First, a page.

Leah Hildebrandt

A cooler commute

Rare are the days when Leah Hildebrandt will drive to work. Instead, she prefers to knock back her kickstand and ride—year-round—on one of her two bicycles, swapping out one for the other, depending on the season.

By HenryTye Glazebrook

And she does so even as temperatures plummet in the coldest months of the year.

“There’s no cold point when I won’t bike,” she said. “When it gets to minus 40, that’s when I just have to make sure I’m prepared for the time I’m on the road.”

Hildebrandt is a graduate secretary in the Department of Chemistry. She has been biking to campus most days for five years now, pedalling through thunderous storms, beating heatwaves and wicked winter winds alike.

The only thing that stops her is the occasional heavy snowfall, which coats parts of her commute—such as the overpass where 108th Street connects with Preston Avenue—in too much powder to make riding a sensible option.

“The wind blows across that field there. If there’s a big snowfall, that section stops me from biking that day,” Hildebrandt said. “But even if there’s not a big snowfall and the wind starts to blow across that overpass, you’ll get these big drifts. And then you’re pushing and carrying instead of biking. It’s great exercise.”

Hildebrandt’s passion for biking to work supports the university’s commitment to sustainability, with a number of initiatives designed to make cycling to campus easier, from multiple paths and bike racks across campus to events like Bike to Work Day as well as Hike, Bike and Roll.

While keeping one more car off the road is a nice bonus, Hildebrandt said cost savings was the main factor that drove her to cycling. Rather than pouring money into parking fees, insurance, gas, and the cost of a vehicle, she would rather spend that money on bikes and quality gear.

It certainly doesn’t hurt that she likes the ride, too.

“I think it’s fun,” she said. “I just think it’s an enjoyable way to get to work. And why not? If you can get your exercise in going to and from work, even that small amount is great.”

Most people assume the cold would be a big issue for Hildebrandt, but she said the act of cycling itself, coupled with the right gear, generates more than enough heat to keep her comfortable during her commute.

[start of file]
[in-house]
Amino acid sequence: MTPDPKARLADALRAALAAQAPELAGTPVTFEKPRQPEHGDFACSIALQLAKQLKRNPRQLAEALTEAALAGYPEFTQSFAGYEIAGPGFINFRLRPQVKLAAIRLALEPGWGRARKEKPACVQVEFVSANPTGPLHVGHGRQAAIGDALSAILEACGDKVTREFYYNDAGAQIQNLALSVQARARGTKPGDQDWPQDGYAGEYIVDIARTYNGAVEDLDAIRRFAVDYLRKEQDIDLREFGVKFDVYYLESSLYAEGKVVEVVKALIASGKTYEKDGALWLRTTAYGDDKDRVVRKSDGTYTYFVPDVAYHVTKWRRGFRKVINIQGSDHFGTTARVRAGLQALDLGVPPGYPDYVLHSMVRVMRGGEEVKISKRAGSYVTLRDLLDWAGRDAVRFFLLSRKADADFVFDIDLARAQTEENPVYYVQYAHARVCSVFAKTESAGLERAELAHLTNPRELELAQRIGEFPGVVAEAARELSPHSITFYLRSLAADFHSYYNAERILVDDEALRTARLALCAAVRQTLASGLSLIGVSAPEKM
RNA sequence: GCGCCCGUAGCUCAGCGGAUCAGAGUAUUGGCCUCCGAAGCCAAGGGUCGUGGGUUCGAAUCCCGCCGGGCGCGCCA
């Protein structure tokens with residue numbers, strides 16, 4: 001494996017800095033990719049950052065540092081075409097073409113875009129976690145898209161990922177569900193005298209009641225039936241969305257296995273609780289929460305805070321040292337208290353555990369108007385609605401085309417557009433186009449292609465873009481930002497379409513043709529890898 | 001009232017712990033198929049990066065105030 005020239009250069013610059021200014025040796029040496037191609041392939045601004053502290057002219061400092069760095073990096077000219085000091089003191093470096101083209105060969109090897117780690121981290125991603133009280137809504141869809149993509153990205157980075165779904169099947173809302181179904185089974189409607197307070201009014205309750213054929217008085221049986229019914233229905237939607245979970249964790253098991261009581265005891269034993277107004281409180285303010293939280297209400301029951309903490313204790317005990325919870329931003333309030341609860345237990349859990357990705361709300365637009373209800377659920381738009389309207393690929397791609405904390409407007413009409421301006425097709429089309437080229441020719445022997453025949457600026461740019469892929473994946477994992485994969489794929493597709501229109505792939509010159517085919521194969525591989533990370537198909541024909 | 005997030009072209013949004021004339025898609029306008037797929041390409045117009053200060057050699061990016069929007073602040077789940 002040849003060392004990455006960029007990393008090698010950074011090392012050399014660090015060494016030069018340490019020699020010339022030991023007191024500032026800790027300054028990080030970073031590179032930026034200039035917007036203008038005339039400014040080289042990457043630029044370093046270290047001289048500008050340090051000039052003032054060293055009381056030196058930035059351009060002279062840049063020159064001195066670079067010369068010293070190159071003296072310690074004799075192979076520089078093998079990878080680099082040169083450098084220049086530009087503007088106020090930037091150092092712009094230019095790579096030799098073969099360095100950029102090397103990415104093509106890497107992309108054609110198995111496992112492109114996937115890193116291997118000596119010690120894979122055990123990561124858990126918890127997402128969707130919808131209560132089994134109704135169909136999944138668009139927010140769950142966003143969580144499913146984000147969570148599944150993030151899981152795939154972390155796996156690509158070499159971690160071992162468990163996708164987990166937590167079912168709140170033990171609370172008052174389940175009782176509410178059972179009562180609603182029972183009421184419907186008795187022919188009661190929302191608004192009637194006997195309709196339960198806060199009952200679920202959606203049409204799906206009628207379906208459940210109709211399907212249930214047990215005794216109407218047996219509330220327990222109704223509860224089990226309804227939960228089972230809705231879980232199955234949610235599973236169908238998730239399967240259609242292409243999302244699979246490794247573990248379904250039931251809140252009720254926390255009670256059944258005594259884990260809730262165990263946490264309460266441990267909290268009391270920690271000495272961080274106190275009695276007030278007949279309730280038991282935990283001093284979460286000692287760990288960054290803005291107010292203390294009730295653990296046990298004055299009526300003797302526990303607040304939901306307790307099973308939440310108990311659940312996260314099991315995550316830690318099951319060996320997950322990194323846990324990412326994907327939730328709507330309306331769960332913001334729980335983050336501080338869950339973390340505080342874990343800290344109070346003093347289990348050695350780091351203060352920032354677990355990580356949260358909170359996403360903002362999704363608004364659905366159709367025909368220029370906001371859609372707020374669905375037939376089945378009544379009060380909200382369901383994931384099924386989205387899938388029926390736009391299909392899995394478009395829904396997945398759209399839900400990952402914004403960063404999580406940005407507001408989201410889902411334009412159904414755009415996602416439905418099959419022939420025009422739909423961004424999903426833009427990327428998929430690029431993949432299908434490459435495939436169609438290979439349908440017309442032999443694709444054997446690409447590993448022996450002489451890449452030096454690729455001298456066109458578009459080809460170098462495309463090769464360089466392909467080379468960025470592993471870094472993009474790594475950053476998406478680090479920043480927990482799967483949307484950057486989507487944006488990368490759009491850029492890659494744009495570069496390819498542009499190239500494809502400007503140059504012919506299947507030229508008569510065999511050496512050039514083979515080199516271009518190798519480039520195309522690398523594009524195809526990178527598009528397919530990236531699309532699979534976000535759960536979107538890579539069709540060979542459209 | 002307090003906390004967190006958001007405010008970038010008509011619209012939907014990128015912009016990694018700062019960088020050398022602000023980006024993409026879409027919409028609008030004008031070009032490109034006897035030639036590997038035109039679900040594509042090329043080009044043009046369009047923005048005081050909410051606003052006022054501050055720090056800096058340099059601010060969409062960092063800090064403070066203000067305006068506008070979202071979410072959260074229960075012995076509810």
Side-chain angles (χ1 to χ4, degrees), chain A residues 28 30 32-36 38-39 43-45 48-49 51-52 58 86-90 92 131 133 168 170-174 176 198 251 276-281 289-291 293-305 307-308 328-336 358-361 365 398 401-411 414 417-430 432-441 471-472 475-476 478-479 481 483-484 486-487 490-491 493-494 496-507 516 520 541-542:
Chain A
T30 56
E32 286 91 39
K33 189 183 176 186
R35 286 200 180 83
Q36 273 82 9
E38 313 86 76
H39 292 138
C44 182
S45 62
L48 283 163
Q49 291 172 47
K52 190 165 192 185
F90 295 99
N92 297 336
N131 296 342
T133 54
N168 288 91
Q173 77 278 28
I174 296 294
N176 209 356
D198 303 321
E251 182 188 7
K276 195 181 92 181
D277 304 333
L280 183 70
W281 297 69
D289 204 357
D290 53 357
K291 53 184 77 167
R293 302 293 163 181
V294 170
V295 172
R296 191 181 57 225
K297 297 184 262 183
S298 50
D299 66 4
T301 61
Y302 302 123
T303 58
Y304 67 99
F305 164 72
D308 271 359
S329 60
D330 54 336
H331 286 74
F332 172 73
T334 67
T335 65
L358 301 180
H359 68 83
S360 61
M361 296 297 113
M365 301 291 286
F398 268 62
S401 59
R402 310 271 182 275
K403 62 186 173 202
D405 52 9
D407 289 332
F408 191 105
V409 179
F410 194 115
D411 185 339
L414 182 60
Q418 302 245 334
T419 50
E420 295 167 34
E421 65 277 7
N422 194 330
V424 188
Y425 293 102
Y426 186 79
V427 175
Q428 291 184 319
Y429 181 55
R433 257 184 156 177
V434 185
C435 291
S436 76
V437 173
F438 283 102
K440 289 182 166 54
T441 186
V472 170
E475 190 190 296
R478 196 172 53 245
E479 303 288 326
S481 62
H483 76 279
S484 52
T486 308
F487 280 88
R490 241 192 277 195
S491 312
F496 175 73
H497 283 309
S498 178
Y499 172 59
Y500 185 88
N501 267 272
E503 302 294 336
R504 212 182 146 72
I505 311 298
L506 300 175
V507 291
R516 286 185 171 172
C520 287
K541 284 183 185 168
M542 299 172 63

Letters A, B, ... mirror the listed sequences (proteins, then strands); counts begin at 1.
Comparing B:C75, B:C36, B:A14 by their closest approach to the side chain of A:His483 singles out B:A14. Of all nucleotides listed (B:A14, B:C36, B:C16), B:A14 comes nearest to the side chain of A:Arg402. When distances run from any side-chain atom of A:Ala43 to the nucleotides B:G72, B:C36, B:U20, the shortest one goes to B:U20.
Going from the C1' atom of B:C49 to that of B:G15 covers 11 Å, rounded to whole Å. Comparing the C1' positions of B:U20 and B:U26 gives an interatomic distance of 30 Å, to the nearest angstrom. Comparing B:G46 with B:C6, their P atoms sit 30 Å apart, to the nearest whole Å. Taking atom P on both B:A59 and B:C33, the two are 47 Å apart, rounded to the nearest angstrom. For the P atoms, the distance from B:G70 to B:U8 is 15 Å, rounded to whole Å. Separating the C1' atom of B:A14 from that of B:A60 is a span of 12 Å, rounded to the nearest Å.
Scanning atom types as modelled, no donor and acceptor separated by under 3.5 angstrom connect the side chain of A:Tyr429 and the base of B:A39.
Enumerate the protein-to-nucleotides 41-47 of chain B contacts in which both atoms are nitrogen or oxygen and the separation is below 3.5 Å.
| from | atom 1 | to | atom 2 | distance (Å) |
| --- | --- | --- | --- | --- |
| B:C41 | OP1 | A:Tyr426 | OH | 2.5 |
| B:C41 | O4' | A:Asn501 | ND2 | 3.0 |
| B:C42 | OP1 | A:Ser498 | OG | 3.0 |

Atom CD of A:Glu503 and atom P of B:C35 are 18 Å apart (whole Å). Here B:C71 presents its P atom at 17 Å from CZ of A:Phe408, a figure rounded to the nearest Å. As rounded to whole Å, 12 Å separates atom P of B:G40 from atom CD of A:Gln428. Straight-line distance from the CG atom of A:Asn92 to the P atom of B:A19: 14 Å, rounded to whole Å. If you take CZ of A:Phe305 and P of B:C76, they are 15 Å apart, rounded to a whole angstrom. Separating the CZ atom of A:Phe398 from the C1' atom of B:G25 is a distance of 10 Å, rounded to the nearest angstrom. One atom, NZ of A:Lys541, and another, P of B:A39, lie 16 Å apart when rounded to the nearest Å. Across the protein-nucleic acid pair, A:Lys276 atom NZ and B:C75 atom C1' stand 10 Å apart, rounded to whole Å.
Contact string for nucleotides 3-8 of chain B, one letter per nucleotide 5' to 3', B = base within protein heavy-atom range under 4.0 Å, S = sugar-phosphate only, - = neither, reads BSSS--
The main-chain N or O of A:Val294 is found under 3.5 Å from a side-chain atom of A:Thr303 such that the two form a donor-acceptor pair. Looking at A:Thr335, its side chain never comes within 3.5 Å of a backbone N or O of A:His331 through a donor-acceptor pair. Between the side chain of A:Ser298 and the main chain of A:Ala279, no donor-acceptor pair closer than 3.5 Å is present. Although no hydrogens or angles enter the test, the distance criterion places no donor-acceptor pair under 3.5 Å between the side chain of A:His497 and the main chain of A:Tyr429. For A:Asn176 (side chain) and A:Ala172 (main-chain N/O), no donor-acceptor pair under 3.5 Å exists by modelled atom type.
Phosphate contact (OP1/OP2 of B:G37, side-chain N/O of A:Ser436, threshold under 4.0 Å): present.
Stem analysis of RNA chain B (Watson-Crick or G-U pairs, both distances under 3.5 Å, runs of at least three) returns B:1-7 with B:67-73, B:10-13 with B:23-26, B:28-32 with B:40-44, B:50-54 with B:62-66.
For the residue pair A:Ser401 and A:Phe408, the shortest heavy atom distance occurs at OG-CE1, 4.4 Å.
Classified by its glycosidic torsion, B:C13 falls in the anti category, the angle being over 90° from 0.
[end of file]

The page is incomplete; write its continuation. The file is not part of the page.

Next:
“I’m moving. I think sometimes people look at bikers and they pity them. ‘Oh, it’s freezing out there! Look at that person!’ But we’re actually quite warm,” Hildebrandt said. “Because we’re moving, we don’t need extremely warm clothing. I just layer up, and as long as I have a good wind layer and good gloves, I’m fine.”

In fact, Hildebrandt said she is less weighed down by the layers protecting her from the cold than she is by her backpack. Each day she stuffs her pack full of any and all equipment she might need, which ranges widely from common items like lunch, to a change of clothing for the office, to a small bike repair kit.

“Some days I feel like I bring everything but the kitchen sink with me to work,” she said, laughing.

Winter cycling is much harder on her bike than it is on her, Hildebrandt said, noting that she does regular maintenance to make sure everything’s in good shape throughout the season.

The key, though, is to install a good set of studded tires on your bike.

While more expensive than the rubber seen on summer rides, Hildebrandt said picking up a pair is an investment that will help keep you from getting up-close-and-personal with the road.

“Last year was my first time biking with good, studded tires,” she said. “The first few seasons I’d just had cheaper sets with studs only on the sides. The older I get, the less fun it is to have big bruises and to go through the adventure of trying to stay upright.”

Hildebrandt said when temperatures dip downwards of -30 C, stiff tires and frozen, creaky equipment makes getting your bike moving not unlike operating a cold car; it takes time to get everything going.

Still, she hopes such minor qualms won’t prevent more people from leaving their regular drivers at home and trying out a winter bike ride, even if sharing the road isn’t always easy.

“Cars are probably my biggest concern,” she said. “You can slip around a bit in a car, but there’s not another car right there beside you. When they drive so close as they’re going by you on a bike, it’s concerning. But I can’t stop cycling just because I’m worried someone will hit me. It’s just part of what you take with this, and you hope that everyone will respect you.”

Hildebrandt sheds some light on winter cycling.

Pedal power points

As a veteran winter cyclist, Leah Hildebrandt knows the vital equipment that you’ll need if you want to try pedalling through snow for yourself. Here are her top five items:

  1. Studded tires: A thick set of well-studded tires will keep your bike upright and keep you off the ground.
  2. Snowboard helmet: Unlike their biking counterparts, snowboard helmets allow you to secure goggles over your eyes while you ride, making facing the snow easier on your field of vision.
  3. Gloves and footwear: Extremities are the first body parts to cool down, especially when you’re moving quickly. Keep your digits and toes protected.
  4. Layered clothing: Staying warm is key to turning winter activities from a chore into a breeze. Invest in good outerwear and layer appropriately for best results.
  5. A second bike: This one isn’t a necessity, but Hildebrandt says that the wear-and-tear on your ride will vary greatly, depending on the season. If you can manage it, a second bike will simplify things greatly.